HAYWARD -- Hayward school trustees early Thursday took the final step to hire Stanley Dobbs as interim superintendent, after a discussion prolonged by one trustee's repeated questioning of the candidate's qualifications.
Dobbs, 47, returns to the district after leaving at the end of November to accept a job as chief financial officer for the San Diego Unified school district. A 26-year Navy veteran, he previously was Hayward's assistant superintendent for business services, completing 1½ years of a two-year contract.
Current Superintendent Donald Evans is leaving the Hayward district at the end of the month to take over as Berkeley superintendent.
Dobbs' contract calls for a $229,500 annual salary and $7,500 to cover relocation expenses. At Thursday's meeting, trustee Luis Reynoso questioned why Dobbs was being paid the same as Evans, saying Dobbs does not have the same qualifications as the outgoing superintendent, who has a doctorate in education and an administrative credential. Board President William McGee also expressed reservations.
"I'm not happy about the salary, but I can acquiesce," McGee said.
Trustees hired Dobbs as interim superintendent June 8 on a 4-1 vote, with Reynoso voting no. Dobbs was one of five candidates interviewed for the job.
Despite ultimately voting in favor of the contract on Thursday, Reynoso said over and over that the district should not be hiring someone who does not have a school administrative credential.
"We need qualified people who know about education," he said.
Rotary President Brian Schott, who served two terms on Hayward's Measure I bond oversight committee, reminded the board that in the past, the school district has hired superintendents with doctorates but still has fallen to last place in the county in test scores.
"You have had a community willing to pass bond measures and parcel taxes to support our district," he said. "Take the high road as you finalize your decision."
McGee said that under the state Education Code, a superintendent does not have to have a credential, and Evans agreed that a board can waive that requirement. McGee pointed out that other districts in California, including Oakland, have had superintendents without one. A credential is needed to evaluate teachers, but that's not the role of the superintendent, he said.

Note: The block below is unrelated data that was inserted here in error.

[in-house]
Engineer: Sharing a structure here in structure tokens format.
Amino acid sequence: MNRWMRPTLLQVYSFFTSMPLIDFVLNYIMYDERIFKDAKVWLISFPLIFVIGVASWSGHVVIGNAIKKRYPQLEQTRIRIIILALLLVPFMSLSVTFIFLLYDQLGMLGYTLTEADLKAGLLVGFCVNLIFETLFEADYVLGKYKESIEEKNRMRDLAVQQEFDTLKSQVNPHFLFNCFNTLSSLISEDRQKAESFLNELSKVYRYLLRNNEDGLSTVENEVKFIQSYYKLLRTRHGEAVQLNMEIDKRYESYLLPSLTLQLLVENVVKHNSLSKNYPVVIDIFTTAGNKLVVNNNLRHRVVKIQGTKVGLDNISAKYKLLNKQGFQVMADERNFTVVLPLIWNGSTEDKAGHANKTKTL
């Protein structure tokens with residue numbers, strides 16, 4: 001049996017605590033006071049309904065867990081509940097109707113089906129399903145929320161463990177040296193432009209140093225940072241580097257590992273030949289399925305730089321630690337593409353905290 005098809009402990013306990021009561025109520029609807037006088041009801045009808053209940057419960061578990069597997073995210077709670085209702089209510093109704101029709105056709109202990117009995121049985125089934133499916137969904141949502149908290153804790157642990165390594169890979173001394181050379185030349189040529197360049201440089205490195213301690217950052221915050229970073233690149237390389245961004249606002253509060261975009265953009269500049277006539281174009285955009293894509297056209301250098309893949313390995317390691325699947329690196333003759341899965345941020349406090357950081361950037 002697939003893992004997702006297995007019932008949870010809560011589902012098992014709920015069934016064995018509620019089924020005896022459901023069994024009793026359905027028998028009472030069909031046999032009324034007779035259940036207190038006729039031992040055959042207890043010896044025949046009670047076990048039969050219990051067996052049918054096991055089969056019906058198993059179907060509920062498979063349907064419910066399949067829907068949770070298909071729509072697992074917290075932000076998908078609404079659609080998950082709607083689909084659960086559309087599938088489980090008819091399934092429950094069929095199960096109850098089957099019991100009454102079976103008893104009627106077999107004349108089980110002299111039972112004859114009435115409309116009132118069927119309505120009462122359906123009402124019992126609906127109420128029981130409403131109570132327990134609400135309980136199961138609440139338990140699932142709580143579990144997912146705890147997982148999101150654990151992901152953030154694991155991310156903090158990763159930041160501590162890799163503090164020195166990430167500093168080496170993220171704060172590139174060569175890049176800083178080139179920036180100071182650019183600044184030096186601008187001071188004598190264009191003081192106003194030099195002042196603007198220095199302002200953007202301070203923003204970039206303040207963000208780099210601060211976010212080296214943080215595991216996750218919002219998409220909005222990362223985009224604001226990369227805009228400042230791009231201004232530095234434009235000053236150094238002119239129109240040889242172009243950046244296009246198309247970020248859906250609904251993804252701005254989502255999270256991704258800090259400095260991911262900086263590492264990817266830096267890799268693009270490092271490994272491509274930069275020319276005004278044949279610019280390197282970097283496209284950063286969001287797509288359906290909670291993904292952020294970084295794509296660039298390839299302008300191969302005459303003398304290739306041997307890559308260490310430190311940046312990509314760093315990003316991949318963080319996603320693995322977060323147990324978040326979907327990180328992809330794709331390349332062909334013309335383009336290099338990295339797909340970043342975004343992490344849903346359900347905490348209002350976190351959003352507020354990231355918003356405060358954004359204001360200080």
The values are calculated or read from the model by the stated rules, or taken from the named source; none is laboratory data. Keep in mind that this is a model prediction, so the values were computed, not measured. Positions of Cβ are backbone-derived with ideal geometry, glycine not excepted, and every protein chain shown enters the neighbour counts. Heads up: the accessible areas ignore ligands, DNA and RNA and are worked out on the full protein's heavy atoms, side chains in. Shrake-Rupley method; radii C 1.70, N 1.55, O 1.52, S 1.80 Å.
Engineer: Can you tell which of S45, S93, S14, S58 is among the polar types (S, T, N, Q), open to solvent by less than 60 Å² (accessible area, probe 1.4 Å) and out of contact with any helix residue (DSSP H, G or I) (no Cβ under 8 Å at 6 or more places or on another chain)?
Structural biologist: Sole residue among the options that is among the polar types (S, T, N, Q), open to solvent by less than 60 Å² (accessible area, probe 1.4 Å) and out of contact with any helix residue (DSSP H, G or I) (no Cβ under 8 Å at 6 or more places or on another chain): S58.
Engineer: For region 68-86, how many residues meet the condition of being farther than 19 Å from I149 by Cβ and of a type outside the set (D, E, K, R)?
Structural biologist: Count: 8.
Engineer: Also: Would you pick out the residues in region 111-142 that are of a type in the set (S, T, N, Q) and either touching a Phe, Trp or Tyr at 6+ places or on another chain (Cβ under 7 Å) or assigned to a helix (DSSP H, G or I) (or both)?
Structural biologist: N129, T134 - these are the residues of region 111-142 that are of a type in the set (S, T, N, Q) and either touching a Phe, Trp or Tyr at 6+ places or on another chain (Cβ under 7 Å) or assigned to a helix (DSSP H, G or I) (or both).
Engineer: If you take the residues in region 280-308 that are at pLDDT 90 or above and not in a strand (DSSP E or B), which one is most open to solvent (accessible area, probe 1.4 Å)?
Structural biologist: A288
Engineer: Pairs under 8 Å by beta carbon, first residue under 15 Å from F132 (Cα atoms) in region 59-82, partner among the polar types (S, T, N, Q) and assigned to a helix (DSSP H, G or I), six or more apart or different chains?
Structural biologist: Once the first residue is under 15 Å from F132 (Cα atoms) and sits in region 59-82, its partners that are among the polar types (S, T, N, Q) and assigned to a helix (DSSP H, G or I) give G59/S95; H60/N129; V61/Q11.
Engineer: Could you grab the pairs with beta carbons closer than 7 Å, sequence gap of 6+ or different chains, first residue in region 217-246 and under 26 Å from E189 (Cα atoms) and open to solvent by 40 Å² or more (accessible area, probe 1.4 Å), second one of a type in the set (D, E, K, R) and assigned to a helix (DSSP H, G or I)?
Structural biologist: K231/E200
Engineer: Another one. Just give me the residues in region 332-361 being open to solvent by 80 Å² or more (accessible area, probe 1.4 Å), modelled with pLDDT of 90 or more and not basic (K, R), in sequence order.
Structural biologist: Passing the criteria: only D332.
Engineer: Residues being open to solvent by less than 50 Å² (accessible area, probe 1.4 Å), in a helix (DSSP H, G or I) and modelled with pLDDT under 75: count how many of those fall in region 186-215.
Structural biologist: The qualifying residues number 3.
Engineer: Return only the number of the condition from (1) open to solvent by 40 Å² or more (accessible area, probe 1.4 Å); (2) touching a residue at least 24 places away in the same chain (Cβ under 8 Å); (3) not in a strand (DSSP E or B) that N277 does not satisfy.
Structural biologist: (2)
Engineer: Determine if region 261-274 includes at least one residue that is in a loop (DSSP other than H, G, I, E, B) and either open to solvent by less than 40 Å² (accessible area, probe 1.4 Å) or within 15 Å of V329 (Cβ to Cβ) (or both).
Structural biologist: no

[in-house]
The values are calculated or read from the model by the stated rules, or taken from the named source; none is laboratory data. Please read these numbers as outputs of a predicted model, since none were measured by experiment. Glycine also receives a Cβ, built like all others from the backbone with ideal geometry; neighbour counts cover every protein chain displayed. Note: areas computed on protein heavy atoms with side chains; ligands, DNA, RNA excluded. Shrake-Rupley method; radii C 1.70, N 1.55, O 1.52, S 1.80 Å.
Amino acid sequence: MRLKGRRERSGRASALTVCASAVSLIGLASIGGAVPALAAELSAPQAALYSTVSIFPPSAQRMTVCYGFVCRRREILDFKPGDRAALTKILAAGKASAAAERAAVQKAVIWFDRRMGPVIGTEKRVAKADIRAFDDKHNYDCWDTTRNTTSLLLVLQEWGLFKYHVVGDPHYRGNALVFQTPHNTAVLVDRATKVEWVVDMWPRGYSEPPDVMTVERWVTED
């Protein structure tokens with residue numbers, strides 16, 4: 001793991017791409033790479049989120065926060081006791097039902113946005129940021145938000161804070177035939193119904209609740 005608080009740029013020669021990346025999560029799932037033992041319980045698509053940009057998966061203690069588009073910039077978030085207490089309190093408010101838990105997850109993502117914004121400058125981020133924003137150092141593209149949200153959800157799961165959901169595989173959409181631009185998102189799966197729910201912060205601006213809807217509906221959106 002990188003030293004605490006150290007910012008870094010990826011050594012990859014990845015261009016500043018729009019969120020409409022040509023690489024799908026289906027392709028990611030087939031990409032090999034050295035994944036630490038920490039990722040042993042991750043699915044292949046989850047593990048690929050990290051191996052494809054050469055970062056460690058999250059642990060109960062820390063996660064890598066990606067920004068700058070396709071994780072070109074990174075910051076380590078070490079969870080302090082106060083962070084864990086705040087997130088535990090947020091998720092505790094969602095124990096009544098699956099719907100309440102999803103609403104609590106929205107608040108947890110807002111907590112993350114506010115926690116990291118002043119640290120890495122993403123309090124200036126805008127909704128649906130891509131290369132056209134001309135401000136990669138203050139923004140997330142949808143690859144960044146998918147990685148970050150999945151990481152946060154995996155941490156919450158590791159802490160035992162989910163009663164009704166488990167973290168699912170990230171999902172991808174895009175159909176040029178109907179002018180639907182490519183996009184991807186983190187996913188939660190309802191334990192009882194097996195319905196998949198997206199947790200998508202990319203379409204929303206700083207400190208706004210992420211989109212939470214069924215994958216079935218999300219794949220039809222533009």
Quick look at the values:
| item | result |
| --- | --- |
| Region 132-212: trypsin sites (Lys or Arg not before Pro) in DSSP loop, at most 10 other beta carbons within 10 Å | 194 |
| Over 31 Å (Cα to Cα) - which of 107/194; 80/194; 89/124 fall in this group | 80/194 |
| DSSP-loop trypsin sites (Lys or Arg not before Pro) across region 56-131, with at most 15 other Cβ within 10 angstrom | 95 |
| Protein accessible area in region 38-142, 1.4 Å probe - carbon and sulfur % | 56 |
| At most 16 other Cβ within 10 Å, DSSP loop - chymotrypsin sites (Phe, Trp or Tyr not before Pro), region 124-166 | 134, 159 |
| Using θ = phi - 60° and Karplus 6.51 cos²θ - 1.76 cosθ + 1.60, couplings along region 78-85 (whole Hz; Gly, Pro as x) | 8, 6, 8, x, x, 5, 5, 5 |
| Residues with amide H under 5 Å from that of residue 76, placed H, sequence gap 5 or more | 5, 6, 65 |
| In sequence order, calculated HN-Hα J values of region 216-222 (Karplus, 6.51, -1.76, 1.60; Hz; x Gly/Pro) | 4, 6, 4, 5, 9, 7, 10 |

"We have school site personnel to do that," he said. "We're not out of line with what we're doing. This was the most qualified candidate."
Reynoso further questioned whether Dobbs would need a credential to evaluate assistant superintendents. Wayne Miller, assistant superintendent for human resources, said he would have to check with the district's legal counsel. Miller confirmed later Thursday that yes, Dobbs would legally be able to evaluate all of the district's top administrators.
The interim superintendent's contract was one of the last items on the board's agenda, and a vote was not taken until after midnight. As the night wore on, the council chambers began to empty, but former city Councilman Olden Henson remained to speak on behalf of Dobbs' performance while he worked with the Hayward district.
"When he said he was going to do something, he did it," Henson said, crediting Dobbs with improving collaboration between the district and city.
"Cmdr. Dobbs has the support of this community," said Henson, referring to Dobbs' rank when he retired from the Navy. "He has the support of the business community. Let's get this district rolling."
Dobbs was not at Wednesday's meeting but said in a prepared statement that he would be ready to begin work July 1.
"I want to thank the governing board for responding positively to the voice of the community. ... Through the execution of the board's vision, it is my goal to ensure that all children in Hayward are ready for the workforce challenges of the 21st century," Dobbs said.